The Scottsdale transit debate is more than just a “campaign conversation” for those who rely on public transit or those who would rely on it if we had a system that was user friendly.
By user-friendly I mean a system that isn’t plagued with frequent break downs thanks in part to the age of the “fleet,” a system that maintains a better than average time record, a system with vehicles that are comfortable and accessible for all passengers.
Sadly, the system we currently rely on is an outdated conglomeration of buses and trolleys, which is far from adequate given the fact that city officials have paved every vacant piece of land with multi family abodes for the luxury class — which they apparently believe will create invisible traffic.
Perhaps this is part of a well orchestrated effort to force transit down the exhaust pipes of residents. Whatever the reason, the reality seems to be that increased traffic congestion is part of Scottsdale’s future courtesy of your elected officials and their vision for the community. So, why do we allow the transit debate to focus on modes of transit that some find unpalatable? Why do we allow the discussion to be “driven” by those who seldom if ever use transit?
Granted Scottsdale prides itself on its reputation as a premier community for the luxury class but until the working, non luxury class is swept out of town to a surrounding community (Mesa), they might appreciate a little consideration. It’s doubtful that the Scottsdale elite will willingly board a bus or trolley to commute to the gym, the spa, work or wherever they go.
I feel confident that they would never tolerate what the average transit user is forced to endure: a trolley system faced with regular breakdowns, inadequate/no air conditioning on older vehicles as well as a variety of issues that make it difficult to open /close doors and issues that, according to some drivers, make it difficult to gauge speed.
Other issues that have plagued the system for years include wheelchair lifts that often do not function making the trolleys less accessible for disabled passengers.
Mayoral candidate Bob Littlefield claims the primary issue with the current system is routing. That may be true, but I wish to assure him that there are a variety of other issues that plague the system and have for some time.
Perhaps those in charge of making transit decisions for our community — politicians and bureaucrats — need to leave their vehicles at home for at least a month and rely only on our current transit system to transport them to work, campaign stops, fundraisers and lunches with area developers.
The best time to try transit is in the summer however when you can enjoy the complementary nonexistent air conditioning. Note. Extra deodorant may be required. It should be provided free of charge as an — incentive.
This would give our elected officials an adequate opportunity to assess the fleets condition otherwise known as the shake rattle and roll express for reasons which will become — obvious. If they accept this challenge (doubtful) I would suggest that they leave their council name badges at home.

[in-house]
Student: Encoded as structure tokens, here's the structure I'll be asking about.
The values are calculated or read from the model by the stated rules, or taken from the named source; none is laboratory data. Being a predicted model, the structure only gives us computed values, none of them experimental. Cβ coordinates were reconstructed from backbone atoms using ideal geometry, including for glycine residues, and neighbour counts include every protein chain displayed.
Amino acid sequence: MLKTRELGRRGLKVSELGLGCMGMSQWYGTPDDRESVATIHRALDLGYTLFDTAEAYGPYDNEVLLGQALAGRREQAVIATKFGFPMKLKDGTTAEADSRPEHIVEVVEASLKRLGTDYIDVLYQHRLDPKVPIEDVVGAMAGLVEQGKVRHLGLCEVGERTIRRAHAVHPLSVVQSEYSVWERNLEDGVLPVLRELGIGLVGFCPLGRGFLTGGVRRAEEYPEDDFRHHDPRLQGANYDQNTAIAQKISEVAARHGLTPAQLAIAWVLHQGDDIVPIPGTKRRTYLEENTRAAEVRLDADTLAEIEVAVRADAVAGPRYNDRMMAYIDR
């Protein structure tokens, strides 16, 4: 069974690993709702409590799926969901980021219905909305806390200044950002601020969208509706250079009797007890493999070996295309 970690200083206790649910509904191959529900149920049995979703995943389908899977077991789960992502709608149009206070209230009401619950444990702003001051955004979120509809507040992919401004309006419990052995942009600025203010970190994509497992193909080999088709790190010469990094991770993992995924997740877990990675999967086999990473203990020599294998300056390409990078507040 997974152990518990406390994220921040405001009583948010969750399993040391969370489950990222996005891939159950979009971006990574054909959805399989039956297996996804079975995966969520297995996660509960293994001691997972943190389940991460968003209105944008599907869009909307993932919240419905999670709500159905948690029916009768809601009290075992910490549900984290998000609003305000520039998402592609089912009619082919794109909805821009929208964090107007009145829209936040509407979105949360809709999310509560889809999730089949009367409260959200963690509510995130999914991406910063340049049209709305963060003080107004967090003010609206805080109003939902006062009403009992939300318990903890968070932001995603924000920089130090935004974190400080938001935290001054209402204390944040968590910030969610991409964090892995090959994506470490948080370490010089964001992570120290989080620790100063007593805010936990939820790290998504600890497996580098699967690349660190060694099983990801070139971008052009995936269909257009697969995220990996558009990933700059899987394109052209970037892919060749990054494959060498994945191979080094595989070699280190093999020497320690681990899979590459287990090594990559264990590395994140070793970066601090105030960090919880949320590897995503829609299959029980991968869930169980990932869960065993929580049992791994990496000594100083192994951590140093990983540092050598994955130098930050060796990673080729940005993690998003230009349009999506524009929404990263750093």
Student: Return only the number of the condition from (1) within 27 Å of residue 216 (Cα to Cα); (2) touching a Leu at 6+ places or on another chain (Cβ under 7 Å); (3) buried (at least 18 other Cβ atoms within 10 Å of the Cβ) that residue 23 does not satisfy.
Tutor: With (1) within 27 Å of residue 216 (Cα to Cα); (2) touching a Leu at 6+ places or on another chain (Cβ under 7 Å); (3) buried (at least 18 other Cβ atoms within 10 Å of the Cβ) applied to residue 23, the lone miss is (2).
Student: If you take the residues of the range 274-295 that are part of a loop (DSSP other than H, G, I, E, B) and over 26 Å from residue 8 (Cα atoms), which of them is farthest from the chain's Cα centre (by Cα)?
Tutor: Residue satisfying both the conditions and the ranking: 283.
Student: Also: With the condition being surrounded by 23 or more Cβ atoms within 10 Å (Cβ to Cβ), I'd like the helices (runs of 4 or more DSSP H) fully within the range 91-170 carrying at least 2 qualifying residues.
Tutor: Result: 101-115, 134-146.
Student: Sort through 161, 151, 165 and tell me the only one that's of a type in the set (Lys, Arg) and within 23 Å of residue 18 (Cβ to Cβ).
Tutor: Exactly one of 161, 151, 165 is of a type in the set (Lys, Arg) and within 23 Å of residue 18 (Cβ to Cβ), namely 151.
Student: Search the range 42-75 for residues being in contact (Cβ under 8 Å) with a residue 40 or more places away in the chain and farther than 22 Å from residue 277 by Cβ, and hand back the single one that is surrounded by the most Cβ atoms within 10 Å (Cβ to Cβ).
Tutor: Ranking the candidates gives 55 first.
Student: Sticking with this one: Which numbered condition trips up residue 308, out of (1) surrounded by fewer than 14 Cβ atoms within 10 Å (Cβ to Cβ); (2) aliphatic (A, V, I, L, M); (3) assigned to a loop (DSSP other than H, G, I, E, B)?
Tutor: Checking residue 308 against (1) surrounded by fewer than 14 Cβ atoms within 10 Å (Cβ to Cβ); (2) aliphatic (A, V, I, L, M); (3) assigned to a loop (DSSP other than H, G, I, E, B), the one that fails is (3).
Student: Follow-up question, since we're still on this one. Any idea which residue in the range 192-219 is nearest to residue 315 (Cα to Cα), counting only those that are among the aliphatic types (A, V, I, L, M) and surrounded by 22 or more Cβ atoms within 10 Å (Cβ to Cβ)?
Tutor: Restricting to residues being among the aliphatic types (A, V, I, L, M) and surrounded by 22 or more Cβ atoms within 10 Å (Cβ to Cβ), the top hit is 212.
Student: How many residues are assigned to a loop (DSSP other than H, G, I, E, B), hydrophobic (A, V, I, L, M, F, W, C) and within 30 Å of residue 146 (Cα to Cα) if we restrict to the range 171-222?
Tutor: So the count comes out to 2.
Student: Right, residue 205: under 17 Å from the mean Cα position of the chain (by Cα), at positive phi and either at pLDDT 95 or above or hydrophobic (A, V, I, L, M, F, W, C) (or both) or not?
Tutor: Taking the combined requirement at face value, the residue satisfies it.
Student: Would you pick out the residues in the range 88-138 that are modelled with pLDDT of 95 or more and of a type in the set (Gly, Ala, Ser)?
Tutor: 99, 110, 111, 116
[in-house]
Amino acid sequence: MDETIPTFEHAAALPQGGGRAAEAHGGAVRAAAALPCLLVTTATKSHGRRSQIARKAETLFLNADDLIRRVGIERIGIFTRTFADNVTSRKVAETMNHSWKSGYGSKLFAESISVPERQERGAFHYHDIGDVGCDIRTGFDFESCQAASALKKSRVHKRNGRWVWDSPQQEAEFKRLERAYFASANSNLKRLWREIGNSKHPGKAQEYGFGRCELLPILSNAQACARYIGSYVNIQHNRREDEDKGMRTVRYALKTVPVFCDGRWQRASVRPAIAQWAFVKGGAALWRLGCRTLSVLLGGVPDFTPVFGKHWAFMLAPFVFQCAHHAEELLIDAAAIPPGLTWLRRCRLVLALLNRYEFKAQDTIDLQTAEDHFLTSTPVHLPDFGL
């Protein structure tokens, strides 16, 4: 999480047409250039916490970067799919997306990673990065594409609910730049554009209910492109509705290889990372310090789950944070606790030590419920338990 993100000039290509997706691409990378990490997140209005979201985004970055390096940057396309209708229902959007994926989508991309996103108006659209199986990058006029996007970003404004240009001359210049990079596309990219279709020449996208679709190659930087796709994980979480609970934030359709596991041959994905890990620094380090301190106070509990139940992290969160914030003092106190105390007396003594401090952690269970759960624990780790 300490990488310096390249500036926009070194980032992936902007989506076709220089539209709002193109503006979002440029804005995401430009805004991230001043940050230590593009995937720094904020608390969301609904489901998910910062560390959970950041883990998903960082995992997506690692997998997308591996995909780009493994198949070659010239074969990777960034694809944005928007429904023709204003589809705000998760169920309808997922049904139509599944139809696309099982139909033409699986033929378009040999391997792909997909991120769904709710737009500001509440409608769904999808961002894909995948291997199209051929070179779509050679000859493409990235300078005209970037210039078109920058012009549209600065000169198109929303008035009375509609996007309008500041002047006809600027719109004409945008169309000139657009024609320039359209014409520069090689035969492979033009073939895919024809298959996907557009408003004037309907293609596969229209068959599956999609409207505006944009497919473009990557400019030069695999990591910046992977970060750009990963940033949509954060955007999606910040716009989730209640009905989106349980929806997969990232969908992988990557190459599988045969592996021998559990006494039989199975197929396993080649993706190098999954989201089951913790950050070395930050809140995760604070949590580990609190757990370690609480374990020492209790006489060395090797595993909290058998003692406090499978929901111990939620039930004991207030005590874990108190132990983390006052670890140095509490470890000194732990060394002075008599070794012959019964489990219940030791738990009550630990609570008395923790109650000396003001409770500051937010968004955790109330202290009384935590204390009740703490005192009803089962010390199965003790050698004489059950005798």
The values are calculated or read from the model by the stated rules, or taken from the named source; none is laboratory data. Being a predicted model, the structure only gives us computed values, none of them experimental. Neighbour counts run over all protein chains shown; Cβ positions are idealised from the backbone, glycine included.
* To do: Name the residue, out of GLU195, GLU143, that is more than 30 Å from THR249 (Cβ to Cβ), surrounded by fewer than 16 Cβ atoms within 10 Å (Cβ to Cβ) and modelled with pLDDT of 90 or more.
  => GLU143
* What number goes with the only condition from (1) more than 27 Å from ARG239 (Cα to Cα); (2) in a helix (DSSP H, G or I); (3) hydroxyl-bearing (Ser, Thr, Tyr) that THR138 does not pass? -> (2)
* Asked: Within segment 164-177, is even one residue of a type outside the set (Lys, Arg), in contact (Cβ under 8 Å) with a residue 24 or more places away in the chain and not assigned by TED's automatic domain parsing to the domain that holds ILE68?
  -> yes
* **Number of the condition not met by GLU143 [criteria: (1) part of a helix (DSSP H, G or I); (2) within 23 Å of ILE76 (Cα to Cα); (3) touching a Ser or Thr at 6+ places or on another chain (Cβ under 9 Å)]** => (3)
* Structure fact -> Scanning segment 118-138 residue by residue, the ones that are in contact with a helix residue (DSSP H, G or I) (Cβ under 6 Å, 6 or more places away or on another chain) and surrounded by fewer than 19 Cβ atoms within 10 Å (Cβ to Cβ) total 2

If elected officials wish to place all their transit eggs in one basket and rely on buses and trolleys with an assist from Uber, spaceships, magic carpets, flying broomsticks and other cutting edge technologies that’s all well and good.
However, if these modes of transit are going to be the work horses of Scottsdale’s transit future it’s past time to address long standing issues that users have experienced for years. This is not about placing blame or disparaging the reputation of Scottsdale’s beloved trolley system.
It’s been my observation that employees and customers of any business are in a far better position to evaluate a company and the service it provides than the bureaucrats sitting behind a desk. They should be considered part of the solution rather than annoyances to be dealt with.
Several weeks ago I relayed concerns regarding service issues on behalf of some passengers and drivers. I sent an email to Council Member Kathy Littlefield who forwarded it to a Scottsdale transit manager. Having tried this method a few years prior due to similar concerns, I knew what the outcome would be. The concerns were apparently communicated to the higher ups at the transit company in a never ending game of pass the buck.
Once again, drivers were cautioned not to discuss any service issues with me. I do not go out of my way to solicit this information. It is common knowledge and those who use the system are all too familiar with its problems.
Rather than pretend these issues are much ado about nothing, we would do better to address these concerns once and for all rather than sweeping them under the nearest rug. If the city wants to get into the transit game, they would do well to value input from those most familiar with the system – those who actually use it.
Finally, for those who never use transit but are eager to judge it, for those afraid to try transit and for those more comfortable in a Benz than a bus, I encourage you to leave your comfort zones and hop aboard.
Oh sure you may encounter the usual transit suspects — those who might benefit greatly from improved personal hygiene (a bath) and those who engage in animated conversations with — themselves, but hey , it’s all part of the transit experience.
Think of it as diversity on wheels. You can’t do much about it. You can do something to improve the system and make it more user-friendly.
Then and only then will we have a system that lives up to Scottsdale’s much hyped reputation as a world class community. If not, some may wish to familiarize themselves with the term — giddy up!